Sizing up school problems

The Education Beat

Study: Forty years after a report recommended consolidation, high schools have become big, impersonal places that make it difficult to foster achievement.

June 02, 1999|By Mike Bowler | Mike Bowler,SUN STAFF

THIS YEAR MARKS the 40th anniversary of James B. Conant's famous study of the American high school.

In the Conant Report, issued two years after the Russian launching of Sputnik, the scientist and former Harvard president called for high school consolidation and urged a strengthening of what he termed the "hard" subjects -- mathematics, science and foreign languages.

Alas, consolidate we did. Alas again, strengthen the hard subjects we didn't.

In the ensuing decades, the number of school districts nationally shrank from 40,000 to 16,000, and small high schools from California to Maine disappeared in the name of efficiency and curriculum "depth."

American students in science and math lagged persistently behind peers in most other industrialized nations. Today, many have trouble speaking English, not to mention Spanish or Swahili.

Nearly a quarter-century after Conant's report, the distinguished educator Ernest L. Boyer weighed in with another seminal study of the high school. Among his major conclusions: High schools are too big and impersonal.

"Most students attend large urban or suburban high schools, often with troubling effects," Boyer wrote in 1983. "A teacher at a high school in the Northeast with 3,000 students said, `This is a very big, impersonal place. It is very hard to get to know people. I know only four or five people and then only in passing. I worked before with a faculty where everyone knew everyone and supported each other. Here, nothing works as a whole, nothing works at all. The school is too big.' "

Columbine High School in Littleton, Colo., was moderately sized by today's standards, with about 1,800 students and a senior class of 440. But it was plenty big enough to foster the sense of anomie that pervades many secondary schools today. Students could get lost at Columbine. Two of them did.

Educators and researchers have been arguing for a century about the optimum size of a school, just as they've been squabbling over the best class size. But you don't need a 10-year longitudinal study to sense intuitively that smaller schools and smaller classes breed mentally healthier and higher-achieving students.

Example: Schools in Maine and Maryland are roughly comparable by several education measures. They have similar state resources. They spend roughly the same amount on each student. But Maine's fourth- and eighth-graders left Marylanders in the dust last year in national reading tests.

Seventy-four percent of Maine's high schools have 900 or fewer students, compared with 9 percent of Maryland's high schools. Just over half of Maine's elementary kids attend schools of fewer than 350; 8 percent of Maryland elementary students are in that category.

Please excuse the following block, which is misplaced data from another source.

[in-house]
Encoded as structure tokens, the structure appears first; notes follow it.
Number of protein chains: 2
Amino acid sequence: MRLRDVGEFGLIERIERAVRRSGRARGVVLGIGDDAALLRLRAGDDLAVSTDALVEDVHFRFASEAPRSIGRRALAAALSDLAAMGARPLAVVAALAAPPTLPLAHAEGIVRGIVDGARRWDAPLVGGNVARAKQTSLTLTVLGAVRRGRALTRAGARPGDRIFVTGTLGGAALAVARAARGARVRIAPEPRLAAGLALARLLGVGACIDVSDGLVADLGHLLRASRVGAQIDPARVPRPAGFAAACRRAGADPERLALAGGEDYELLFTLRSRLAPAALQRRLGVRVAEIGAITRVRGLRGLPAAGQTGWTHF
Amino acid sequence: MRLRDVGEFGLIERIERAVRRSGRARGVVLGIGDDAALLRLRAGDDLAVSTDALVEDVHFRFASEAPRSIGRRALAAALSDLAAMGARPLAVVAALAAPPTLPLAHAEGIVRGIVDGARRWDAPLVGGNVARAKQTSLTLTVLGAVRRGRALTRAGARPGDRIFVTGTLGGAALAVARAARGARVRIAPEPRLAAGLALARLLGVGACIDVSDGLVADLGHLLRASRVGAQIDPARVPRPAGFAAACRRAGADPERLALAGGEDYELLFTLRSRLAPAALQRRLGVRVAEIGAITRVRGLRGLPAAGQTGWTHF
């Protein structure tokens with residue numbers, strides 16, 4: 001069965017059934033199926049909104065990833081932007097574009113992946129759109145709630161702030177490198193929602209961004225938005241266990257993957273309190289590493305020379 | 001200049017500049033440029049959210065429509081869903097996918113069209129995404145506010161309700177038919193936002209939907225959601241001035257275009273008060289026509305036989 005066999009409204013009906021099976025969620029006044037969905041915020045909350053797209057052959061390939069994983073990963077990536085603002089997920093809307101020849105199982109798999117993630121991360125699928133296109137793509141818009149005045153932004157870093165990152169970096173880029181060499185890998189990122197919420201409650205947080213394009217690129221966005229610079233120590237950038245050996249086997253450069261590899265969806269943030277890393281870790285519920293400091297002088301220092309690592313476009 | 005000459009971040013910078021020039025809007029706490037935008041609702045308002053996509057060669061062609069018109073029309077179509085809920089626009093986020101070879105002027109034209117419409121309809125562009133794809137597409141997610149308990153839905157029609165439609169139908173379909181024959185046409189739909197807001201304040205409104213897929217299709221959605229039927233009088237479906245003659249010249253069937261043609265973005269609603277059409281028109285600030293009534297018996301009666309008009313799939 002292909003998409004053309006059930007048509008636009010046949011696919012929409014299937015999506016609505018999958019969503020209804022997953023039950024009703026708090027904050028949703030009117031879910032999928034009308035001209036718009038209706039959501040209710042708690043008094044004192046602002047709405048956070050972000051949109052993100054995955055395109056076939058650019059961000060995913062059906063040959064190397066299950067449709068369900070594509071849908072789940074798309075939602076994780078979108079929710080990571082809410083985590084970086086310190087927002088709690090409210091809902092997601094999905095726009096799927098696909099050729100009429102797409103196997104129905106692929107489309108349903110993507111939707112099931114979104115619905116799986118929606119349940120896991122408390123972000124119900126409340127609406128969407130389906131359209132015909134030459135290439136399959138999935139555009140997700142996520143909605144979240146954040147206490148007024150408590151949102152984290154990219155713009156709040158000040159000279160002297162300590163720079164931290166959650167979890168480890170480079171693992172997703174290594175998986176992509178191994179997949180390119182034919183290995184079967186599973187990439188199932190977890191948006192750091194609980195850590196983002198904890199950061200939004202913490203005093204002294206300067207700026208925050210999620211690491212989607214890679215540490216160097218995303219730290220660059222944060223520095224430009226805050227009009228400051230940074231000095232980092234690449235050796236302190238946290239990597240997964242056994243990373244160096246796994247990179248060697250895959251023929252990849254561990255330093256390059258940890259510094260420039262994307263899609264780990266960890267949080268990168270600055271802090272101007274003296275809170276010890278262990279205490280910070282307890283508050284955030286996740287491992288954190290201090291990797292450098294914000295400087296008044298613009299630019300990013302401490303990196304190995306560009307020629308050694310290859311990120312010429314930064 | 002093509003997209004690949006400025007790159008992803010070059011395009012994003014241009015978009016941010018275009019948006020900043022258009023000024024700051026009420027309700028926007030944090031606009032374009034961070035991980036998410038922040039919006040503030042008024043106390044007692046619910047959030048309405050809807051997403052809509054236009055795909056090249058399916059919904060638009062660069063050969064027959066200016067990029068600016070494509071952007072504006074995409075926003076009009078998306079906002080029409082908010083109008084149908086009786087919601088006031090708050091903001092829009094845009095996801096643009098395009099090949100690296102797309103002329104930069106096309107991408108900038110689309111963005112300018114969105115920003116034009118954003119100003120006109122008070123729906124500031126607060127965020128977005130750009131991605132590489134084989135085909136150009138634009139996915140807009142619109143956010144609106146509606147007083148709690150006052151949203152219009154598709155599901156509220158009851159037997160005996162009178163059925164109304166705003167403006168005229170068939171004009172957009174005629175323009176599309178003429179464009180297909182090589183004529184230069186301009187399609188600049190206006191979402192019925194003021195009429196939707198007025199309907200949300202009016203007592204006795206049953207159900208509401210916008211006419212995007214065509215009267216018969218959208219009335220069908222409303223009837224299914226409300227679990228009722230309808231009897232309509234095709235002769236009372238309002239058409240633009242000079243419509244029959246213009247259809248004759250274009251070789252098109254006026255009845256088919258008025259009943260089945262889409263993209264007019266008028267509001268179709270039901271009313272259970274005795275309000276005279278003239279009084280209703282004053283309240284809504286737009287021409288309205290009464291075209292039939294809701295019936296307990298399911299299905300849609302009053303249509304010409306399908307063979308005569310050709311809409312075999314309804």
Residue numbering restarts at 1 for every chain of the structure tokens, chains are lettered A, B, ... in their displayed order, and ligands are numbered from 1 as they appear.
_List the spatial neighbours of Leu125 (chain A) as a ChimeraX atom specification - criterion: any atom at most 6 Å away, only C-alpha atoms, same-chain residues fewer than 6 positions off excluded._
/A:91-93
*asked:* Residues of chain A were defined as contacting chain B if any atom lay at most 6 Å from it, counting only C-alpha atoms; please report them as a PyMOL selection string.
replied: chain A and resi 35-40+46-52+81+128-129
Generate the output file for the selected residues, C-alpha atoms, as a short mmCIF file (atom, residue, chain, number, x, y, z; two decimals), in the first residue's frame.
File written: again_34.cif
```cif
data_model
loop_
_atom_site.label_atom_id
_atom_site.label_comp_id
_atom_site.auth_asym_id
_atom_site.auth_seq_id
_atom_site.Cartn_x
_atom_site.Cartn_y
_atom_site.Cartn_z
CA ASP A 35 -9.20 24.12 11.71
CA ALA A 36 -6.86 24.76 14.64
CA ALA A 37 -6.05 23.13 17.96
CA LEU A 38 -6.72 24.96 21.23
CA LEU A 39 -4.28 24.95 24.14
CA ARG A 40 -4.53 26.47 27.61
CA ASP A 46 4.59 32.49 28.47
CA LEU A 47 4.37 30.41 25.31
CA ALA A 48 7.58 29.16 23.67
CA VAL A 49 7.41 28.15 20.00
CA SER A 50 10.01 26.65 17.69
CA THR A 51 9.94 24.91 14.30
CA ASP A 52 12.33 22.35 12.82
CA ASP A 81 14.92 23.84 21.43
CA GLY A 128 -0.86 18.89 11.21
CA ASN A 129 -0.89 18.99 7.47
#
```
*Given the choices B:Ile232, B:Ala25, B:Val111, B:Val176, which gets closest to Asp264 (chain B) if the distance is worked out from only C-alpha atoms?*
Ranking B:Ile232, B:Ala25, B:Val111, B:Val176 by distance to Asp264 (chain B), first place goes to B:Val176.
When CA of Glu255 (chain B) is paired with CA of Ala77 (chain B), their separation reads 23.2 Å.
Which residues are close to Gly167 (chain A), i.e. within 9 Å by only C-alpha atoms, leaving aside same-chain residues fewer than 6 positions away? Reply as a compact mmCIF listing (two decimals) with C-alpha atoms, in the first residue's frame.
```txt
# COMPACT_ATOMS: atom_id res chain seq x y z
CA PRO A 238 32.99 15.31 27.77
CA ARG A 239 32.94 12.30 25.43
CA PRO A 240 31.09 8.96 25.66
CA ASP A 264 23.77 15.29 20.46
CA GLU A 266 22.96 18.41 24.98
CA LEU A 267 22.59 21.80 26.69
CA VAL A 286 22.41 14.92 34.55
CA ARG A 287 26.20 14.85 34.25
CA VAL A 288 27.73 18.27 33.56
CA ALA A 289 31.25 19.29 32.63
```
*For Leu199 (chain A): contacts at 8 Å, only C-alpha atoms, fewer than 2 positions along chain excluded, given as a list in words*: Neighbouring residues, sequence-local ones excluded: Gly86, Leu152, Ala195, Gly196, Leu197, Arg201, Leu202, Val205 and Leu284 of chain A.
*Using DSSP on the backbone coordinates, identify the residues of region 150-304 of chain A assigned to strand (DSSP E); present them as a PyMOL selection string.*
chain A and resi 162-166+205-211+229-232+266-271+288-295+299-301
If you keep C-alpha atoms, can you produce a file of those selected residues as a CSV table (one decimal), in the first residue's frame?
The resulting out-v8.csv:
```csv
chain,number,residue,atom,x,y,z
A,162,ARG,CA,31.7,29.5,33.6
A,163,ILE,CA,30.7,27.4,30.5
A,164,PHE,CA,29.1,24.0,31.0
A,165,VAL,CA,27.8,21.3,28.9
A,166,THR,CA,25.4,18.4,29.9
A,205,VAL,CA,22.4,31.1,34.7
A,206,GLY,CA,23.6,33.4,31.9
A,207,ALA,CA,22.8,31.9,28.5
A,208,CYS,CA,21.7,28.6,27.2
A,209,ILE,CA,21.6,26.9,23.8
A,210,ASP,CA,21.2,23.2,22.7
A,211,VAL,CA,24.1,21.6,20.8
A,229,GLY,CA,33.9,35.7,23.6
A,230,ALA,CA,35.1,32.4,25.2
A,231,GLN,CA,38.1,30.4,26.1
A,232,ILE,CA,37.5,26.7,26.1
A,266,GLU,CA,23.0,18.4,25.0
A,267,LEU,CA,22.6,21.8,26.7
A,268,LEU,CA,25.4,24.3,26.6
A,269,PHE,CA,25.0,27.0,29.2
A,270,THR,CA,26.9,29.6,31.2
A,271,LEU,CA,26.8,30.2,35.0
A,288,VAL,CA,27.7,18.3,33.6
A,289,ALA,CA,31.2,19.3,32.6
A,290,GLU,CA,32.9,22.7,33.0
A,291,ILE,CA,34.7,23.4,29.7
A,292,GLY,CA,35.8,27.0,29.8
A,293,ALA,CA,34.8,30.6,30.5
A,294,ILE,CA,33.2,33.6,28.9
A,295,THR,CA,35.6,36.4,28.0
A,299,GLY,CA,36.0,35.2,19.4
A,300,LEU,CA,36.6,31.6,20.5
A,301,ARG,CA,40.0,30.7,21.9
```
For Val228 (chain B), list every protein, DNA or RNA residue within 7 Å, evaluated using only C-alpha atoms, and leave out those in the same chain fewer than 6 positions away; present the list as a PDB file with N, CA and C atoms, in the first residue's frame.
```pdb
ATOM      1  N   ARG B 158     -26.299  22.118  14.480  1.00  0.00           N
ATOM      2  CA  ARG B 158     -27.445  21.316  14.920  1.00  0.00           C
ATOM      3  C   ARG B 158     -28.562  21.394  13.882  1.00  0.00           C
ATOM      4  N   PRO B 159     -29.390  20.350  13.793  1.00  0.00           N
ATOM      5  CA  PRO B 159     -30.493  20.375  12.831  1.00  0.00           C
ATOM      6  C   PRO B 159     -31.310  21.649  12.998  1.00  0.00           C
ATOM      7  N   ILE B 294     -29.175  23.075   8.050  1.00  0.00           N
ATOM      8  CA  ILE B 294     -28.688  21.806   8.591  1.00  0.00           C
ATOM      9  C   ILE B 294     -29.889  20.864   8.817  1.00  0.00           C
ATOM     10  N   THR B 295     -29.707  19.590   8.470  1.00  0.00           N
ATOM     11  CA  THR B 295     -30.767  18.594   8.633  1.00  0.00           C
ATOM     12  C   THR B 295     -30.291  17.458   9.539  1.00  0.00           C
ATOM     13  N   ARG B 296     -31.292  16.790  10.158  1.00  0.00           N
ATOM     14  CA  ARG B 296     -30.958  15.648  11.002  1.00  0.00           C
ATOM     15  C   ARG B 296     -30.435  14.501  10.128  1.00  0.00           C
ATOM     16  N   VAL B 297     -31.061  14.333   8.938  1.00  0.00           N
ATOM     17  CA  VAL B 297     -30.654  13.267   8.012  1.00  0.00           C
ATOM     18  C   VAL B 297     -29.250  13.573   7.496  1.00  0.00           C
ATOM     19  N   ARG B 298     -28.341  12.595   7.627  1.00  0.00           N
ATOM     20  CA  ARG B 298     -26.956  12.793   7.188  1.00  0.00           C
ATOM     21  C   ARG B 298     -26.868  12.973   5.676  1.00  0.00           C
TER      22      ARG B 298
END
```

Is there a doubt that a relationship exists between those scores and those enrollments?

The '90s have seen two significant reforms in high schools, both of which are seen across Maryland. One is the subdividing of big schools into smaller "academies," schools within schools, each with an academic emphasis. In the model promoted by researchers at the Johns Hopkins University, the troublesome ninth grade, where most dropouts occur, is an academy unto itself.

Baltimore's Douglass and Patterson high schools, the first city schools placed on the state's failure list five years ago, are academy schools. Principals told the school board last month that the experiment has improved the atmosphere at the schools, but little evidence exists of improved academic performance.

The second reform of the '90s is the four-period day. Typically, students attend two 85- or 90-minute morning classes and, after lunch, two afternoon classes of the same length. The schedule is supposed to allow for greater depth of studies. It's especially useful in laboratory courses. Four 90-minute classes make for easier scheduling and discipline; there are fewer class changes, fewer chances for hallway riots.

But desperate to maintain order, some high schools have switched to the four-period day for the wrong reasons. They haven't trained teachers for the demanding challenge of 40 additional minutes in each class session.

Even with academies and four-period schedules, too many high schools are too big and impersonal -- places where it's easy to get lost.

Coppin State, Rosemont eyed by television audience

Coppin State College and Rosemont Elementary, the city school it adopted this year, finally came in view of the big eye of CBS Television.

A crew from the CBS "Sunday Morning" program visited the West Baltimore school in early spring, interviewed Principal Georgia Felix, Coppin President Calvin W. Burnett, teachers, parents and pupils.

But world events -- a high school massacre, bombing in Yugoslavia -- kept the Coppin-Rosemont segment on hold for weeks. It aired Sunday across the nation.

Burnett may have missed his calling. He was convincing on television. Asked why he decided to take on Rosemont, he said: "It was a matter of conscience. It was hard to walk through the community and pretend Rosemont wasn't there."

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